If my heart had a hashtag it would be #momguilt.
As a disabled 33-year-old mom with chronic Lyme disease, my life and role as a mother look different than most moms I know.
My illness has taken different shapes over the past 20 years. At times, I’ve been unable to lift my head or bathe myself, while other seasons have brought much more strength.
Since becoming a mom in 2014, I’ve been strong enough to take care of myself, but often need help with daily tasks, such lifting my daughter, driving, cooking and cleaning. I have a rotation of people who help me around the house and with my daughter. However, when my helpers are out of town or sick, I’m quite limited in what I can do with her.
Some days, we have to stay inside all day.
Sometimes, we have to skip trips to the park.
Other times, we have to cancel play dates.
While I know that my daughter’s basic needs are met, these missed opportunities often leave me feeling “less than” other moms.
When I feel this way, I have to retrain my mind. I have to remind myself that, although my daughter may miss out on a few activities along the way, she will also glean a unique perspective because of my disability.
1. The gift of authenticity
Sometimes as a mom, I have the tendency to sugarcoat things. Because of my physical struggles, I have an opportunity to share with my daughter that life isn’t always easy, but it can still be beautiful.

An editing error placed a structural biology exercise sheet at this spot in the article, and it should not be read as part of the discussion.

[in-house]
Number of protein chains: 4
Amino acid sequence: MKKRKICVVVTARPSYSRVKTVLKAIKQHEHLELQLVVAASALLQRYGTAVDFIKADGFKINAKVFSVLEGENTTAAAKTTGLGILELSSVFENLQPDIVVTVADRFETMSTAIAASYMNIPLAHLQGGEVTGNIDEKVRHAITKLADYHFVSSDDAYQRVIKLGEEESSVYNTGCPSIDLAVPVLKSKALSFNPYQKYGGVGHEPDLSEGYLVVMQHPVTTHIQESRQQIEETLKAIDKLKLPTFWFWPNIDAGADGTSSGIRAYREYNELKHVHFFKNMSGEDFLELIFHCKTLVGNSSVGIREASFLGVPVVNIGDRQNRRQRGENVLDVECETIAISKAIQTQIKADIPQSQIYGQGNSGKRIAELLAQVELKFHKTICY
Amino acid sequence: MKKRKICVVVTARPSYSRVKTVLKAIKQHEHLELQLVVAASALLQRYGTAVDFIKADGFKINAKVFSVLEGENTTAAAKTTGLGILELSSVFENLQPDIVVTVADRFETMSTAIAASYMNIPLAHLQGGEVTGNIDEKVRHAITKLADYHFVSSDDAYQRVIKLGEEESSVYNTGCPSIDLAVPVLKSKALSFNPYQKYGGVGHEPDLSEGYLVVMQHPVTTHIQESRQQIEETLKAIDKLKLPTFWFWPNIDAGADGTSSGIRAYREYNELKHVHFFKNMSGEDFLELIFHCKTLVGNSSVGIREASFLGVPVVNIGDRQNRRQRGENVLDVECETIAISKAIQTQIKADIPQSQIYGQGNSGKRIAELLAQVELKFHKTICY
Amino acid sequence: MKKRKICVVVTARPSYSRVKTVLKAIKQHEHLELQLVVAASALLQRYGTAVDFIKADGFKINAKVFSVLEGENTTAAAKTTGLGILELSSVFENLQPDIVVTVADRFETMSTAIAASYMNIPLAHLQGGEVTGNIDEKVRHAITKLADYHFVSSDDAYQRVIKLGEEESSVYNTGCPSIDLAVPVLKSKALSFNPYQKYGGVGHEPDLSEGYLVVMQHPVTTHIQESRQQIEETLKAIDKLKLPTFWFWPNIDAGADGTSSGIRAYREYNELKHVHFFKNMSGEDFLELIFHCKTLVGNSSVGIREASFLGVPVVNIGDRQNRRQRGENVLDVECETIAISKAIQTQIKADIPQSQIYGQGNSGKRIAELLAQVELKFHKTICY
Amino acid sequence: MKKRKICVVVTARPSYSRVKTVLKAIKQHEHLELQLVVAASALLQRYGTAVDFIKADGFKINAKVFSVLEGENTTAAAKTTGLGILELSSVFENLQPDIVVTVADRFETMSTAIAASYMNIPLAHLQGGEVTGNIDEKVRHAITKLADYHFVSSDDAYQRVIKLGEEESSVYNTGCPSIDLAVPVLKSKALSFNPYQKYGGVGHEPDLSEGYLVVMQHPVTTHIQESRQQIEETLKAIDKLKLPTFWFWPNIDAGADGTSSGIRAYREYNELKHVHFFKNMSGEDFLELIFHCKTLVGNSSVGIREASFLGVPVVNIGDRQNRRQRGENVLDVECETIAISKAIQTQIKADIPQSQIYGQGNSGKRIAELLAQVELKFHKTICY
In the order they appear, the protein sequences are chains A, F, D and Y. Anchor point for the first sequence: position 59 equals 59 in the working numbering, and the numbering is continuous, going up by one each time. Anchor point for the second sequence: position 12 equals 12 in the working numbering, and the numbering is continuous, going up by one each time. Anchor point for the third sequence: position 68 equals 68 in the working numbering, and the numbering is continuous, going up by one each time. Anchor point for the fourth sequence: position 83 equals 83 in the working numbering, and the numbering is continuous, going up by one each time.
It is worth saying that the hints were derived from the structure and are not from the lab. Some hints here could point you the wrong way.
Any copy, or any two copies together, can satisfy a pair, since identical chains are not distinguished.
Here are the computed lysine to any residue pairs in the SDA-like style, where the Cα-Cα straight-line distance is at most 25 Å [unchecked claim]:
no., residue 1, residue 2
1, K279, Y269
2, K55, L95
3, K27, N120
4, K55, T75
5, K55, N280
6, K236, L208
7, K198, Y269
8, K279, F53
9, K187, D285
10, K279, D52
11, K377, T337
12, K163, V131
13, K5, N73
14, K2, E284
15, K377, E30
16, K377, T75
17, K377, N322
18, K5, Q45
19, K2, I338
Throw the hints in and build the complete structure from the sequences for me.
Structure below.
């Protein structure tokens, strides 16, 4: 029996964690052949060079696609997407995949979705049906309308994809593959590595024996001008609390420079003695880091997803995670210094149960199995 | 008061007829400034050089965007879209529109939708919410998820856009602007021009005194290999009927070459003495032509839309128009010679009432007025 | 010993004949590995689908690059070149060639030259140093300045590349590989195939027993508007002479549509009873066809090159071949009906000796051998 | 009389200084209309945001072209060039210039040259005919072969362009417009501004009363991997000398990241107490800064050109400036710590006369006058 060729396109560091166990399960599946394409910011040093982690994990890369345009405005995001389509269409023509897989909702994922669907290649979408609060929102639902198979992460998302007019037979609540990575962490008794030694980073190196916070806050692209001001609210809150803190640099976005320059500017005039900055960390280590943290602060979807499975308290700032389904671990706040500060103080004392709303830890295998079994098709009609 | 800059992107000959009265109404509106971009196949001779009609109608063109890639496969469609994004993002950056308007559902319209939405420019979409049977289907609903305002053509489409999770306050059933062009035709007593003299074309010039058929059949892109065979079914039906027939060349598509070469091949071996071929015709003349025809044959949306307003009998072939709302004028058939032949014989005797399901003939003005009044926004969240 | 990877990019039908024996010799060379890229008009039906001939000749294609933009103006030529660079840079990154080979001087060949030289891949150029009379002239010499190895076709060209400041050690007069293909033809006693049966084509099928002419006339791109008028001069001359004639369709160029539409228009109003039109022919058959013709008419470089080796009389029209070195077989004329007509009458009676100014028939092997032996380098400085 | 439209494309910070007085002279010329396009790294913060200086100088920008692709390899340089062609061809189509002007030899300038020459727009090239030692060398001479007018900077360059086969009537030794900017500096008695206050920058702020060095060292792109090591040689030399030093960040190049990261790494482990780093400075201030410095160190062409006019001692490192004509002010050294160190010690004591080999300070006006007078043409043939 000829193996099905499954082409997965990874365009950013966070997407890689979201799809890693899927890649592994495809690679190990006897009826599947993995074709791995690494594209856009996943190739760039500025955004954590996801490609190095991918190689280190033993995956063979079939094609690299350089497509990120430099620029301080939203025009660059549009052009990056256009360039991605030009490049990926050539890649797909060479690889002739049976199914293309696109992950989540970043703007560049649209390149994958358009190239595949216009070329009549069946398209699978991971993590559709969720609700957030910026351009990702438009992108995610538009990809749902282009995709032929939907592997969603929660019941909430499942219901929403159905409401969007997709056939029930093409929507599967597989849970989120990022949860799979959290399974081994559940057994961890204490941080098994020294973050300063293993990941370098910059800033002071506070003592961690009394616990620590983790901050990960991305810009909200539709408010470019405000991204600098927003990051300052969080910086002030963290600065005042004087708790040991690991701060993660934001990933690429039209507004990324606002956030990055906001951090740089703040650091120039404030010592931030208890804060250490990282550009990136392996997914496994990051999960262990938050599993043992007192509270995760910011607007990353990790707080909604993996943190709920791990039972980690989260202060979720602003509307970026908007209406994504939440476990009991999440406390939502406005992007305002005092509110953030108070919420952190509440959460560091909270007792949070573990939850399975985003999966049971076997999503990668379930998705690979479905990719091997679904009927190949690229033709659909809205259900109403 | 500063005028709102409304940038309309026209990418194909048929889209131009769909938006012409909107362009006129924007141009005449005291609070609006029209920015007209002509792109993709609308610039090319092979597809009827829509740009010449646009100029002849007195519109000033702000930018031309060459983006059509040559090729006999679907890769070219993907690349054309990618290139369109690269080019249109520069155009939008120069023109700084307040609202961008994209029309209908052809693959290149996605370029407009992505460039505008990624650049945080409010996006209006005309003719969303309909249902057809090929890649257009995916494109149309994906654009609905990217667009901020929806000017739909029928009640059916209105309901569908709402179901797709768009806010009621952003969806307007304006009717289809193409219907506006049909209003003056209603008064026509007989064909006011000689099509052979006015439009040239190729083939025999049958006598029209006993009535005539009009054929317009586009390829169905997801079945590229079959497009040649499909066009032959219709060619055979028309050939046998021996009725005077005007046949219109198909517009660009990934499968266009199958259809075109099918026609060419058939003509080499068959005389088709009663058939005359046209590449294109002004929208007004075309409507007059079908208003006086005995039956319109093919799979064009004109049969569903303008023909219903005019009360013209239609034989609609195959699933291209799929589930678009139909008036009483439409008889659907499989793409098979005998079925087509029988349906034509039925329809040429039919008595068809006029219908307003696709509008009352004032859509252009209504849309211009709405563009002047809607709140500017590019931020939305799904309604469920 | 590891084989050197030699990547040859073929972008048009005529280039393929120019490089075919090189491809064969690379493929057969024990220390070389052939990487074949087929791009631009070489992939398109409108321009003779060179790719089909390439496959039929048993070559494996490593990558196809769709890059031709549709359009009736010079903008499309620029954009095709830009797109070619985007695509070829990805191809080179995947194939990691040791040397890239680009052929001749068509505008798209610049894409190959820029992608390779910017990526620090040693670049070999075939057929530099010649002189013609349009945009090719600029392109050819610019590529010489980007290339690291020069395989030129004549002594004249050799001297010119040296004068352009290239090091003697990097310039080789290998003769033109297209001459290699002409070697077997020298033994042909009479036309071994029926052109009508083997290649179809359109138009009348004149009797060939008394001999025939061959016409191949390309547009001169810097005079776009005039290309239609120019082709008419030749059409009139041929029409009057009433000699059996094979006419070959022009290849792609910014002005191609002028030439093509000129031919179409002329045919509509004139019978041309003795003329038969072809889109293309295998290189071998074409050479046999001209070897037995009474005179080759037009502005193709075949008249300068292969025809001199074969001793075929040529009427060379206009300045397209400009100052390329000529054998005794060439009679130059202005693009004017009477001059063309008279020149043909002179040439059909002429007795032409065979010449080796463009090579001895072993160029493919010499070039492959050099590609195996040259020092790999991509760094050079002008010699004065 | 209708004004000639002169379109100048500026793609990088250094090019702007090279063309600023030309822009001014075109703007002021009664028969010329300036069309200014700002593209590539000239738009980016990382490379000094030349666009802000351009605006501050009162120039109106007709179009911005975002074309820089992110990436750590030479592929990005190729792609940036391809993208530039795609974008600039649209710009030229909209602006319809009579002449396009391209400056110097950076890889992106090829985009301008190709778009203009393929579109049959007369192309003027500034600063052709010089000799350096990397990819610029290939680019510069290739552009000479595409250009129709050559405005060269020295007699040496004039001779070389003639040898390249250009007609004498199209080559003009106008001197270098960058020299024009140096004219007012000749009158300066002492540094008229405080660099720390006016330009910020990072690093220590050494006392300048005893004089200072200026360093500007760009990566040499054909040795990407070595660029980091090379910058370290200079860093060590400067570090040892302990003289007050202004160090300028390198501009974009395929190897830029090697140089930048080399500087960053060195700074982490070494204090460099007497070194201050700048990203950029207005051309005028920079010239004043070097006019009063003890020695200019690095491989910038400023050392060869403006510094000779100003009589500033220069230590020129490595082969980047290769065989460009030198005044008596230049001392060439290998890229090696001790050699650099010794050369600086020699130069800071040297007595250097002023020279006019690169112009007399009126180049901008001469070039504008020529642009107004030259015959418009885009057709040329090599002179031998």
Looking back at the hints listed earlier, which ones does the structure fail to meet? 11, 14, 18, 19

2. The gift of service
As a mom, I am often tempted to do everything for my family. But, when my Lyme symptoms are flaring, I quite literally can’t. Ultimately, I believe this is a good thing.
As my daughter grows, she will be very involved with running the household alongside me–which will be a great lesson. (In fact, my mom was disabled when I was growing up and as a direct result, I learned how to work hard and help others!)
3. The gift of perseverance
If I had to pick just one thing to teach my daughter from this whole mess I’ve been through, it would be the importance of perseverance. Modeling how to withstand the storms of life, regardless of how many times I get knocked down is an invaluable lesson that I get to share in a unique and daily way.
4. The gift of spunk
As a disabled mom, I can be one of two things: bitter or spunky! There’s not a lot of room in the middle. I do my best to choose spunk, laughter and joy in all of life’s difficulty! I hope my daughter picks up a spunky spirit along the way too. It’s so much better than the alternative!
5. The gift of community
I am not naturally wired to ask for help, but because of my circumstance, I’m forced to ask for help doing almost everything. And guess what? It’s actually a beautiful thing.
My husband, my friends and my church rally around me when I’m weak. They serve me in the practical needs of my day. It’s a humbling and wonderful thing for my daughter to witness.
If you are a disabled mom, keep these things in mind next time you feel yourself starting to live a #momguilt life. You have an opportunity to instill character in your child in a unique way; don’t miss it!